The Africa Journals
You learn not to mourn every little thing out here, or you’d never, ever stop grieving.
—Alexandra Fuller, Cocktail Hour Under the tree of Forgetfulness.I wander the grounds after lunch, before the next evening safari. In a far corner is an unusual divider, made of suspended rocks.
I also find a couple dead beetles, brightly marked, called CMR beetles. The name comes from the uniforms of the historic South Africa Cape Mounted Riflemen, a mixed-race military force in the 1800s.
Eventually, I make my way to the reptile house. I’d heard the rangers found a dead impala and put it in the reptile exhibit for the crocodiles.
I watch the crocs for a while until they drag the carcass into the water, then go inside the herpetarium, against my better judgment.
I take some photos, watch a snake shedding its skin, and leave before I cause myself nightmares.
|This I thought was a beautiful combination of colors.|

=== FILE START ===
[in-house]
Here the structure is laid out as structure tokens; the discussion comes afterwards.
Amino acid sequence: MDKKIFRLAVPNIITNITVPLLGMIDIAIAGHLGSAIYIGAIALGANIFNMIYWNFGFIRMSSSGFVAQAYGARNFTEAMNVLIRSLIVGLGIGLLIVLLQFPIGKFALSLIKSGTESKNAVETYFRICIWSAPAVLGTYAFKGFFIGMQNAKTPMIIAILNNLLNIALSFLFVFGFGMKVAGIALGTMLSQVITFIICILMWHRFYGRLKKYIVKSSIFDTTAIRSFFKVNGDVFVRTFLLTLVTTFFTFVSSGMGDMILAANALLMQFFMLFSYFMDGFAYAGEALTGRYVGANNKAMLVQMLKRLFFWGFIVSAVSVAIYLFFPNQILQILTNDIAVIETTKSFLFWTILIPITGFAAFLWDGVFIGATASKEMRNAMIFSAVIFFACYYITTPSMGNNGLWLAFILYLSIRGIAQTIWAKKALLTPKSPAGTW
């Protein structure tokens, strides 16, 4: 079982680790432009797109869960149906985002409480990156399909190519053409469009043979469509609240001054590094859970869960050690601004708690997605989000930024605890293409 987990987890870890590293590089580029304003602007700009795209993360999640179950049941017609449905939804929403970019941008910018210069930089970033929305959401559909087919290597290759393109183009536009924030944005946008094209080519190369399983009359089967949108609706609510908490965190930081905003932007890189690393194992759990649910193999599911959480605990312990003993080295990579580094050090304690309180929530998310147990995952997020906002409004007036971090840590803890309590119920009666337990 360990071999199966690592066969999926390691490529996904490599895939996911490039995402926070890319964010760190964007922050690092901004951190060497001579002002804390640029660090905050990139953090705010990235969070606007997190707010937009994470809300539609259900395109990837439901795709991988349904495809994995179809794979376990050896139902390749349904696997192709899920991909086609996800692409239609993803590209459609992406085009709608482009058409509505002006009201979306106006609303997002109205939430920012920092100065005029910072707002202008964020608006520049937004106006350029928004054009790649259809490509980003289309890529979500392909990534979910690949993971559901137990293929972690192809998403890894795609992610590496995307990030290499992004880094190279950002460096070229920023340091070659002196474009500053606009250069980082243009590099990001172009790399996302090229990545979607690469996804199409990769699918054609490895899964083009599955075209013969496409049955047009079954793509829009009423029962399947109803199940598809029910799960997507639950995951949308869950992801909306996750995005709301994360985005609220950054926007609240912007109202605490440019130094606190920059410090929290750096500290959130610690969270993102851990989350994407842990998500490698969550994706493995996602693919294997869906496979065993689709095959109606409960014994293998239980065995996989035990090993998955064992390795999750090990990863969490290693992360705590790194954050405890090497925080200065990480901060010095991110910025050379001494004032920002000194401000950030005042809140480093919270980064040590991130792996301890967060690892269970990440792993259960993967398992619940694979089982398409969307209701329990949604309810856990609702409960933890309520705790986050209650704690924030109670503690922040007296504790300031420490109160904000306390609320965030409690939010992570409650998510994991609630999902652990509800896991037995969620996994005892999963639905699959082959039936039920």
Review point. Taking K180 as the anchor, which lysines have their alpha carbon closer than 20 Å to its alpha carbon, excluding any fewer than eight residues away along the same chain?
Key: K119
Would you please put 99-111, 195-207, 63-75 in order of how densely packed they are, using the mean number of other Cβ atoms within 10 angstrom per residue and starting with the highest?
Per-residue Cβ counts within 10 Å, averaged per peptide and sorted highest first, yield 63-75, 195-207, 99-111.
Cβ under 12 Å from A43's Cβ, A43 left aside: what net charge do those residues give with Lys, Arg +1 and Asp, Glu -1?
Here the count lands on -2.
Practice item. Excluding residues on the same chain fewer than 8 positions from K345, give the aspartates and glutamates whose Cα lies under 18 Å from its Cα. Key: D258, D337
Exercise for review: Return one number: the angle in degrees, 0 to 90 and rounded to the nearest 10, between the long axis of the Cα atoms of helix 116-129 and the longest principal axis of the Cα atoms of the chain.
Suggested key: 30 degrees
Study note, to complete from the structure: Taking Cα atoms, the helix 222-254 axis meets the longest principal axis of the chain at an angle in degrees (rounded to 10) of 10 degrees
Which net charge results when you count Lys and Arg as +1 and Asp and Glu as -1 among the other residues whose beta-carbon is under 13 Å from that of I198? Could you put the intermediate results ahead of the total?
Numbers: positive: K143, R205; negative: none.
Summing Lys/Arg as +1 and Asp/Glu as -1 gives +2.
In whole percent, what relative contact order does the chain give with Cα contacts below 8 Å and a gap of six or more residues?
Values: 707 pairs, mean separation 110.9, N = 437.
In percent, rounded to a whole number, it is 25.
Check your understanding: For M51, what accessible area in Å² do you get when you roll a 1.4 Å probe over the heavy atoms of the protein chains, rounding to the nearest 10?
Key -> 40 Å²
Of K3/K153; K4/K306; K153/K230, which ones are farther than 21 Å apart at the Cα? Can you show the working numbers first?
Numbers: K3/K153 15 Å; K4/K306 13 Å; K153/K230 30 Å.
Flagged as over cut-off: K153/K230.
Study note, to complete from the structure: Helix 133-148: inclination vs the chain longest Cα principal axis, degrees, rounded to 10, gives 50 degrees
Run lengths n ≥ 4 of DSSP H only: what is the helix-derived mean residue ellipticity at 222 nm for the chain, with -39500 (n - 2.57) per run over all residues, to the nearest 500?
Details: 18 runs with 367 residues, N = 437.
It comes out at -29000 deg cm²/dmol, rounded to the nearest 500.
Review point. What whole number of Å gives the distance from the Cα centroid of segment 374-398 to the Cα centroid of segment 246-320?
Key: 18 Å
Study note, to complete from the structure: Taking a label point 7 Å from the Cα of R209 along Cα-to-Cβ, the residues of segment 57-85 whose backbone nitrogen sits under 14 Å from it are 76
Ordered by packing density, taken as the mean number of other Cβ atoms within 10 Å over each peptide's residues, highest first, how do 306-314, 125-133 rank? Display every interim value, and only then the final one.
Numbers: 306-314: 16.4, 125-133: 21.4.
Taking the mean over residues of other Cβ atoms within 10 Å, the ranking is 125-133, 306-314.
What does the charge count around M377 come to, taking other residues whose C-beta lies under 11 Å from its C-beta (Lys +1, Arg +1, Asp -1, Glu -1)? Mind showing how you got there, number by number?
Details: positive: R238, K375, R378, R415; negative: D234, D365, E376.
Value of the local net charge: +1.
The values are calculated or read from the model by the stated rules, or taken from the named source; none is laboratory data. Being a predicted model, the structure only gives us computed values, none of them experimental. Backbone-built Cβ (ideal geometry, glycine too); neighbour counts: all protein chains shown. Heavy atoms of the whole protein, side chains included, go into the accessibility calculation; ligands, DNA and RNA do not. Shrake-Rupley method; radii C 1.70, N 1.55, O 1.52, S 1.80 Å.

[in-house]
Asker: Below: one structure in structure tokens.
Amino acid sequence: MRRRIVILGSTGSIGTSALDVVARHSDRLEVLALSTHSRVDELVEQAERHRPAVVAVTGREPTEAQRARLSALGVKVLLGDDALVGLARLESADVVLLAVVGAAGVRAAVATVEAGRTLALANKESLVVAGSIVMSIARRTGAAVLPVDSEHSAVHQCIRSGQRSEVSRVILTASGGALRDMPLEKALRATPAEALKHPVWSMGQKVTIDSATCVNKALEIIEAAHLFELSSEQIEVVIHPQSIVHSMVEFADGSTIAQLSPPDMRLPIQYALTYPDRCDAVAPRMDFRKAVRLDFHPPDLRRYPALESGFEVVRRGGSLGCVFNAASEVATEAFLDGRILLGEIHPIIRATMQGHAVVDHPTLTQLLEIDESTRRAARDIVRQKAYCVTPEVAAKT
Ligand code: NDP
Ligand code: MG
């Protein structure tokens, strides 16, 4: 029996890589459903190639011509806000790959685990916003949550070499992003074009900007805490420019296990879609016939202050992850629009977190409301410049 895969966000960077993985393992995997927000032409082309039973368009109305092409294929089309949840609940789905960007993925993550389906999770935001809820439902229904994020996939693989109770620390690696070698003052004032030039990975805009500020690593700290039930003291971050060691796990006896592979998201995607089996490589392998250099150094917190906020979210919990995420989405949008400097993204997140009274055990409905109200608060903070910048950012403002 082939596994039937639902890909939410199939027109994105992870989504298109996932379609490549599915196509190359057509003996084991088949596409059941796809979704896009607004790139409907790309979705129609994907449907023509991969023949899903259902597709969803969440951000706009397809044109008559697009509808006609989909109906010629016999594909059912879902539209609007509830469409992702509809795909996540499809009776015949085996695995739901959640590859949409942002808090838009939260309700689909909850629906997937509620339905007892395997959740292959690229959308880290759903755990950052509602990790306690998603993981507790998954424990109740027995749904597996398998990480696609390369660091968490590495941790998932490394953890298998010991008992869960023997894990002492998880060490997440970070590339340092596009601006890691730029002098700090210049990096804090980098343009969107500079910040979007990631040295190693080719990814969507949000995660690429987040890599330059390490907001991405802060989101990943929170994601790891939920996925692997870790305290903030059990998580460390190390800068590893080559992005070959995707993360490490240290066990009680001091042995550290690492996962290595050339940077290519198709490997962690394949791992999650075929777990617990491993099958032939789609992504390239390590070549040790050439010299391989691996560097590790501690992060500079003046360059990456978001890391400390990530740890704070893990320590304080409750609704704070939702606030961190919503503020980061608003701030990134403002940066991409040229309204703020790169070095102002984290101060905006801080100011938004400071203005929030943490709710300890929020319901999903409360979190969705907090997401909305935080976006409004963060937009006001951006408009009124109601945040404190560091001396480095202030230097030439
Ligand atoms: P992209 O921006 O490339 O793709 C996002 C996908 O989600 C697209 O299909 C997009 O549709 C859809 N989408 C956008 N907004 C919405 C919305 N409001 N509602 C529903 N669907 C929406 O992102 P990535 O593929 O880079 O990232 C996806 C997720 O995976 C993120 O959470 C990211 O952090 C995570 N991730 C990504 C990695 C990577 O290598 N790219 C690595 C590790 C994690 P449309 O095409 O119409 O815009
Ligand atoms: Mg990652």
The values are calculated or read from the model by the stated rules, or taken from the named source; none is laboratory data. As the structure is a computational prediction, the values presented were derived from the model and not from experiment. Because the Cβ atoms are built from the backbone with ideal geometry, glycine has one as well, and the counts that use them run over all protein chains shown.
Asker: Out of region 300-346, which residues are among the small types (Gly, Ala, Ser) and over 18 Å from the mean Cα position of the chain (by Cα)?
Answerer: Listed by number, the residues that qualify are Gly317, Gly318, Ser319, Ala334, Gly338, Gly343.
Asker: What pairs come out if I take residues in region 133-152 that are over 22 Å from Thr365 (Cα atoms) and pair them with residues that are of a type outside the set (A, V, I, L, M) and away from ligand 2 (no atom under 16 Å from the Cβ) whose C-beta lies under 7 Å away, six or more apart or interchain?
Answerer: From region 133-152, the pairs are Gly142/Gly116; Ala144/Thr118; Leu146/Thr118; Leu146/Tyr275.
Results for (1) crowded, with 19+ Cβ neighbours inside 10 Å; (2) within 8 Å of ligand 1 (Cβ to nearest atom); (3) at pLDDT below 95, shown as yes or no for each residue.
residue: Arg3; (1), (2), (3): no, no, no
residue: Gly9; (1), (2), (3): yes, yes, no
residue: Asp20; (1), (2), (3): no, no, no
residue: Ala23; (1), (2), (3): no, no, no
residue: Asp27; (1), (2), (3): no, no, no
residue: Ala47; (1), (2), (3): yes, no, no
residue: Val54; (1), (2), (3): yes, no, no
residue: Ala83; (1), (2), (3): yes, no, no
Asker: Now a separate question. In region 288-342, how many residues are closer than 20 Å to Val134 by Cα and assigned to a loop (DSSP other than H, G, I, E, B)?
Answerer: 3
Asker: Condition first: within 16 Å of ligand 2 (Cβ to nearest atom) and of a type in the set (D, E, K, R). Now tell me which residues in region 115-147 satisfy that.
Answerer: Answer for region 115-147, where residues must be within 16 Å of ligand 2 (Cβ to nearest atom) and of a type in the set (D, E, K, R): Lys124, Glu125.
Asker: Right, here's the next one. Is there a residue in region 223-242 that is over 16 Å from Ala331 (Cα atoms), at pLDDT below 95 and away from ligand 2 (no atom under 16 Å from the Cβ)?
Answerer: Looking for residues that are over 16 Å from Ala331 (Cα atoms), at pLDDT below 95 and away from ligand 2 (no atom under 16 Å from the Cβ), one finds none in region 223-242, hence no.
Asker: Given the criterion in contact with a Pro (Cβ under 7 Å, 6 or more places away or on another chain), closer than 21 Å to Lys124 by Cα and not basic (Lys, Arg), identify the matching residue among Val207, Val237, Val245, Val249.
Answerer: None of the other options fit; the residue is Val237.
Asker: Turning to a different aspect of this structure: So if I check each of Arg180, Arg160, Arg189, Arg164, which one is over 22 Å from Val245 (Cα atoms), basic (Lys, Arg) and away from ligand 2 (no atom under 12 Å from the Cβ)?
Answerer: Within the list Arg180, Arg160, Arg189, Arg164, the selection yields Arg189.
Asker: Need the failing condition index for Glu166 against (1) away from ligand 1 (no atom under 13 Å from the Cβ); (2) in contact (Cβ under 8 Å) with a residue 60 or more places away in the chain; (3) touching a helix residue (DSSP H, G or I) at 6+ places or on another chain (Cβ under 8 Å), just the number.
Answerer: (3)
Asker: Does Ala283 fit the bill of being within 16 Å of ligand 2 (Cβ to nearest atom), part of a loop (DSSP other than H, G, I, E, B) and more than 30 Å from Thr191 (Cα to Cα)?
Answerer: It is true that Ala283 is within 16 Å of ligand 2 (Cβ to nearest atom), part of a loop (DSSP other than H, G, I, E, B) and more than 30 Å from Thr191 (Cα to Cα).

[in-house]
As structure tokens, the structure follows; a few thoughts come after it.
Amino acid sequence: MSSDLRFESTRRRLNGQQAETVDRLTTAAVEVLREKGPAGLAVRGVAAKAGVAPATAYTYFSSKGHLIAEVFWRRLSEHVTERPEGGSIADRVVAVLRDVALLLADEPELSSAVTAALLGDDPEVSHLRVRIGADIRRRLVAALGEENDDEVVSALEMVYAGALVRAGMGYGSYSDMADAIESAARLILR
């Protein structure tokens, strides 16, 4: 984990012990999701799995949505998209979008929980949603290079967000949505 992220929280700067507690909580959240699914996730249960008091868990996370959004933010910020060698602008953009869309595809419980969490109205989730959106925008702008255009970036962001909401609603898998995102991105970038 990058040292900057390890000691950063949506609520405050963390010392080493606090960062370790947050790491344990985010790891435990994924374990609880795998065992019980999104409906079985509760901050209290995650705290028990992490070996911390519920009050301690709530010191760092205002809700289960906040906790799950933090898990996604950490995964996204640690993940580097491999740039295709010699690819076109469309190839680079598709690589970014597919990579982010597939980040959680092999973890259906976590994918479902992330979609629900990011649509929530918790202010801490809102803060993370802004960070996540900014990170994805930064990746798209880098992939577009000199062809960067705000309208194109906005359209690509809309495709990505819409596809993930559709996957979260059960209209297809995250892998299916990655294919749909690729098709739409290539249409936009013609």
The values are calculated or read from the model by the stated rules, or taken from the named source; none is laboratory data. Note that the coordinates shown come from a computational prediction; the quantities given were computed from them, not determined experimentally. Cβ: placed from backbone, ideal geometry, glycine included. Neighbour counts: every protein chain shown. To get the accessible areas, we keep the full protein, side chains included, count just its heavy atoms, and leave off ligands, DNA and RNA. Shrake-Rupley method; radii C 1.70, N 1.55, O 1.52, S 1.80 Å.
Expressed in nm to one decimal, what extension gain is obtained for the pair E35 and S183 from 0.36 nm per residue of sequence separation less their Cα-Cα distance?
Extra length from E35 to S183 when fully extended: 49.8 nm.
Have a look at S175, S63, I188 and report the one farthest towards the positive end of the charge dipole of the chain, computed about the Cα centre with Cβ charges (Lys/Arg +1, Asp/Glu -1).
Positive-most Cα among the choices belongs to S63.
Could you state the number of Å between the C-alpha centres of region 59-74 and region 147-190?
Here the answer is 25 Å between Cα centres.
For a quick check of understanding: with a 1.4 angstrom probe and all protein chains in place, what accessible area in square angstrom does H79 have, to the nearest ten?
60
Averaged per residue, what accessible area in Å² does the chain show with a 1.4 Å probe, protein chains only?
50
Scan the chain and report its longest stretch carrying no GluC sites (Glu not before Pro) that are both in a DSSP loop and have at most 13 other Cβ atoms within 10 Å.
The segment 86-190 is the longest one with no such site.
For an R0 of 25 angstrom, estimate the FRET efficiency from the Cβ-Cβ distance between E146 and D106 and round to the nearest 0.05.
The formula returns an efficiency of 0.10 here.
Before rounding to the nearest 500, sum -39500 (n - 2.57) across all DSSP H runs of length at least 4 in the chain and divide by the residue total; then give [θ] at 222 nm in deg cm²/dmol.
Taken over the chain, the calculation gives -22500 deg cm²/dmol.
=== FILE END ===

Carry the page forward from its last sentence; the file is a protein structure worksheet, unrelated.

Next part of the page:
|This guy was scary, raising itself 18 inches straight up, looking for an escape.|
|This one took offense at my presence.|
At the nearby ranger station, I find mounts of lions that had died when a fire overcame them as they crouched in a depression. The mane of the male is partially singed away.
And, then the gift shop. I also find a tee shirt with a huge dung beetle painted on the front. I didn’t buy it. I go back three times, considering it, but didn’t buy it. Dung beetles are fascinating to watch.
|These are real dung beetles, not the tee shirt.|
According to Brian, Australia imported dung beetles from many countries, including South Africa, to help control polluting problems that arose from cattle dung. While Australia had dung beetles, those insects had evolved to handle only dry dung, not moist cattle dung.
After much experimentation, many varieties of dung beetles acclimated to Australian conditions. Because the beetles bury balls of dung in the soil, their activities enrich the soil. The removal of the dung from the surface cuts down insect populations, as well as allowing the cattle to graze in areas where there had once been dung, which they would not do otherwise.
Watching a beetle less than two inches long roll elephant dung into the size of a tennis ball, and then bury it, is amazing. Equally astounding is watching the ground move as the beetle continues to work underground.
For an hilarious explanation of the dung beetle’s life, see: http://www.youtube.com/watch?v=Q1zbgd6xpGQ&noredirect=1